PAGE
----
Not wanting to be late for the group photo with the Buddies, I took another Uber ride to Columbus Circle. Though I missed the photo, I finally got a chance to meet the legendary Dr. Gene Dykes. While we were looking for other Buddies and chatting about future races, etc., I happened to notice a tall guy walking with his luggage and mentioned to Dr. Dykes, That looks like Amby Burfoot. Low and behold, it was Amby Burfoot – winner of 1968 Boston Marathon and the author of many books as well as Runner’s World articles! It wasn’t a surprise that those two knew each other but I was blown away by both of them making me feel like I had known them all my life!!

After some more photos (thanks to another BB, Edgecombe and her friend, Tom), I headed down to Grand Central Station to meet a good ole friend, Jess, who graciously spent a few hours (and helped me pick out a pair of shades) showing me around the city I hadn’t explored before! Shortly after 4 pm, I got a bite of reliable food in a mom-and-pop diner not too far from the Penn Station, and arrived at the TeamULTRA dinner with fellow teammates around 6 pm. It was so cool to meet many of them in person and it felt like I had known them all along. One of our teammates happened to be Dean Karnazes! He too was kind enough to spend meaningful time and make me feel like I had known him all my life!!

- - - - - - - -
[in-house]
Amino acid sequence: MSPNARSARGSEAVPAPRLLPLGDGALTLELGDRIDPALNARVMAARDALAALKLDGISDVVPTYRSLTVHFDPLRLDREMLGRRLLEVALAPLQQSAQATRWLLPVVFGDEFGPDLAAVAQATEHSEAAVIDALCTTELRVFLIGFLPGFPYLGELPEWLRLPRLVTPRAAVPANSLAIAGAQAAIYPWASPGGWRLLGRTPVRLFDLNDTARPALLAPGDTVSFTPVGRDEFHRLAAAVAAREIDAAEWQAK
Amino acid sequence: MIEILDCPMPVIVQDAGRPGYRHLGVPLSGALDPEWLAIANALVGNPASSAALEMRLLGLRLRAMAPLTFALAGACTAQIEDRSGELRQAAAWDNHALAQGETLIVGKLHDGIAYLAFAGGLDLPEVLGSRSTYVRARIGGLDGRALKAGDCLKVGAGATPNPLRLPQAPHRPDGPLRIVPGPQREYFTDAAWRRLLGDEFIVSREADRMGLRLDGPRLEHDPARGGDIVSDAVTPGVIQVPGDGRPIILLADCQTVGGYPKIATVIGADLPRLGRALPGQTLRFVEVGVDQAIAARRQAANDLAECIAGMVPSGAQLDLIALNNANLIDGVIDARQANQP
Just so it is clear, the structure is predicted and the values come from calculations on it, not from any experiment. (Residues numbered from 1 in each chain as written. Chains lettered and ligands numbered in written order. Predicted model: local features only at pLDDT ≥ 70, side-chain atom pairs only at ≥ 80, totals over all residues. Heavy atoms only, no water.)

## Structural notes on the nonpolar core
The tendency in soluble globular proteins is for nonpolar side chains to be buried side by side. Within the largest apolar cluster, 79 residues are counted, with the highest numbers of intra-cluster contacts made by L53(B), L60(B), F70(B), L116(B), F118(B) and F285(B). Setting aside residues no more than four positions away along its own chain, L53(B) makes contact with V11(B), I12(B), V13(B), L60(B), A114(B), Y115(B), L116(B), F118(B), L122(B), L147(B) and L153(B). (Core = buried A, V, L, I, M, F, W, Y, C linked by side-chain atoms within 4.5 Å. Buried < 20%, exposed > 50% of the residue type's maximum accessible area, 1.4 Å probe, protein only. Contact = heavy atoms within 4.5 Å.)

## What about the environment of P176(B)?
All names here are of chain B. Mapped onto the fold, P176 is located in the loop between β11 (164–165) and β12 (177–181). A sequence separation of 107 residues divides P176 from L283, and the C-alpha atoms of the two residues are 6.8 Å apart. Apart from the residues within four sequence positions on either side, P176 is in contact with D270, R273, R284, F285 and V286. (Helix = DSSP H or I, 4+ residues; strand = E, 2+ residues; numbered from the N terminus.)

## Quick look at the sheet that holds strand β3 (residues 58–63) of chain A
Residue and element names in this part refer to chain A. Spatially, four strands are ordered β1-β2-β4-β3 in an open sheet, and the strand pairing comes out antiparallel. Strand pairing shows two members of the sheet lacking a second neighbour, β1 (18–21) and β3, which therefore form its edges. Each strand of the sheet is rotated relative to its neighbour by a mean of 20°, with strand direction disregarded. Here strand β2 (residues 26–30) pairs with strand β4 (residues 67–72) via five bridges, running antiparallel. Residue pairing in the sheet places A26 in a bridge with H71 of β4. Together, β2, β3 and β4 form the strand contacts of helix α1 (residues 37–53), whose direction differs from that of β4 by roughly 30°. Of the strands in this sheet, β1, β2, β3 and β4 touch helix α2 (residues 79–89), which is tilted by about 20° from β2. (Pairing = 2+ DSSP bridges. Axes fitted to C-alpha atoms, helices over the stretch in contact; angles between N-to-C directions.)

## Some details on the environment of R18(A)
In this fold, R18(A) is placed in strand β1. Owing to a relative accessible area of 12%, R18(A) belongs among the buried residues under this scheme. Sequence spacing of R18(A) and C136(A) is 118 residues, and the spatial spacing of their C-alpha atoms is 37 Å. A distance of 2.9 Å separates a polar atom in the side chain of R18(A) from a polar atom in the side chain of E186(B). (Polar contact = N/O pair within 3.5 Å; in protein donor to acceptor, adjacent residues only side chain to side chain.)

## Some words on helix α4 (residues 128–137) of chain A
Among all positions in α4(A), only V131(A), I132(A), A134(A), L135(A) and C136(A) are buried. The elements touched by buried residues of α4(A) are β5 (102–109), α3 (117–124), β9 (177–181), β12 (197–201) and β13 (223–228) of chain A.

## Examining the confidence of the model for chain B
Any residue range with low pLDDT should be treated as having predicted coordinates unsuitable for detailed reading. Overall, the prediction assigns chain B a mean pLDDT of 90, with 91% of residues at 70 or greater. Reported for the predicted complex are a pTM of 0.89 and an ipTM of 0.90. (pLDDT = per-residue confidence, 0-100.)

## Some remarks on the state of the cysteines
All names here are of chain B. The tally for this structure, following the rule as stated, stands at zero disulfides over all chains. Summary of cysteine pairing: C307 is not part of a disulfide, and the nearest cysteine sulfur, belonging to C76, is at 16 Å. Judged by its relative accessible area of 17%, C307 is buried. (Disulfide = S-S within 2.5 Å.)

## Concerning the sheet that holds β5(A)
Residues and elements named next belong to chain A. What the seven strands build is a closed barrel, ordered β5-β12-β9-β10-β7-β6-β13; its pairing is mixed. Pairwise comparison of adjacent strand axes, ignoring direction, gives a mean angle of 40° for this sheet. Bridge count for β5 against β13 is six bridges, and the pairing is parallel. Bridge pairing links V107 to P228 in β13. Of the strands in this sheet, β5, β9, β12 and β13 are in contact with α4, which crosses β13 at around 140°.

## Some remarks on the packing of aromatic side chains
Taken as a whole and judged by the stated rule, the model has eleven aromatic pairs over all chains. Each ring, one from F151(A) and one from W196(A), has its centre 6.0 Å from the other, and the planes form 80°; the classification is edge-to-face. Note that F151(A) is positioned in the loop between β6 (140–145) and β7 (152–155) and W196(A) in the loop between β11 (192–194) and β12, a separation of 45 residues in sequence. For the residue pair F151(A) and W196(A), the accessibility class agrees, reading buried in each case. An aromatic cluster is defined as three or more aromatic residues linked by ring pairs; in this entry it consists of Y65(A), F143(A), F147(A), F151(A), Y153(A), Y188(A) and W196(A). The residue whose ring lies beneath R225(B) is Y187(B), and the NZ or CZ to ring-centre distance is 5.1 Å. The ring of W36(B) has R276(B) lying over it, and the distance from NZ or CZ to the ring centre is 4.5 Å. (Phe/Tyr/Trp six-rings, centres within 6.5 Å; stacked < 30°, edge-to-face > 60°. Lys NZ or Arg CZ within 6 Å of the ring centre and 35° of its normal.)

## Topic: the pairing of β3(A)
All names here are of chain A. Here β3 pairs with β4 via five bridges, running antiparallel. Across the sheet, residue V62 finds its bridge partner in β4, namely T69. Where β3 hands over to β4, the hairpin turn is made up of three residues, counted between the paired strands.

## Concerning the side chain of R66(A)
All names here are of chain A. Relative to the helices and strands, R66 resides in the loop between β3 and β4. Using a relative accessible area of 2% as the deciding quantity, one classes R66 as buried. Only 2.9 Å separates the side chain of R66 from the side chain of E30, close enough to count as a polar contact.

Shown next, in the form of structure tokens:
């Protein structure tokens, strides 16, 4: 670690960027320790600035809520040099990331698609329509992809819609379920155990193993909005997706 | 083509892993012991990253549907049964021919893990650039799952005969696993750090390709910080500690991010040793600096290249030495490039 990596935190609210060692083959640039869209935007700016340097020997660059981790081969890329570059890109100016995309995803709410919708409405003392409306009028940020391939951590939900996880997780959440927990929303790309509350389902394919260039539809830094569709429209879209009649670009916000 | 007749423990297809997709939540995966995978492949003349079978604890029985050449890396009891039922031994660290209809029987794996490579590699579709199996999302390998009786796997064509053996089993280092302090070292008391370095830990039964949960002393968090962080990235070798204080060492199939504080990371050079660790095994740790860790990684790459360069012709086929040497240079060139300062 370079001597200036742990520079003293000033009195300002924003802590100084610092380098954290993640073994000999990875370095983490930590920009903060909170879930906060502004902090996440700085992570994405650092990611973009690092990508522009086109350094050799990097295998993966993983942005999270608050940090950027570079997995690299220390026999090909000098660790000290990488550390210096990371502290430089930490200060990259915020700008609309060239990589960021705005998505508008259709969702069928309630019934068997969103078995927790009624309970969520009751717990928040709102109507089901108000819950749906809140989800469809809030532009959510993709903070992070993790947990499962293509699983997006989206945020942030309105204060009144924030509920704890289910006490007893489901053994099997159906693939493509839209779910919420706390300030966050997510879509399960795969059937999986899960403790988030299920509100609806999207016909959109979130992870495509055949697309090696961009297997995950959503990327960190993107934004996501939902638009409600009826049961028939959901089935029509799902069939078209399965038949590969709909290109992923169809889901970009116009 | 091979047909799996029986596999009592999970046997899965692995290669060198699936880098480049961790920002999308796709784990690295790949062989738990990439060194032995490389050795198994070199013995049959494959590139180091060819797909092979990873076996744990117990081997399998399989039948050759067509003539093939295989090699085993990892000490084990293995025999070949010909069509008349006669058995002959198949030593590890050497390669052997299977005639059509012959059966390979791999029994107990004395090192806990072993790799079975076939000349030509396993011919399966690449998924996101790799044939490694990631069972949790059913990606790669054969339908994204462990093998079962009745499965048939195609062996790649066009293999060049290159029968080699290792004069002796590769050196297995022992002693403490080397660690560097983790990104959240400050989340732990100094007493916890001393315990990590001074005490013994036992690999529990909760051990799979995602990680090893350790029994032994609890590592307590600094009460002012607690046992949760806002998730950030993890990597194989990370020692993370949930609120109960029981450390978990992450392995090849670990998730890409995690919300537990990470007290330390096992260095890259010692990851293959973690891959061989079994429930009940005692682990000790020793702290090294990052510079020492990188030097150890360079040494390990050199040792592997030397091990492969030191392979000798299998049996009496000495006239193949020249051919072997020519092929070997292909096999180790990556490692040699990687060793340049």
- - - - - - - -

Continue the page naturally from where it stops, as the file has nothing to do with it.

Shortly afterwards, I headed back to the home base and set up the race day gear. Knowing that the subway rat had seen its shadow which meant good weather for the marathon, I peacefully called it a night around 9:15 pm.

 

Race day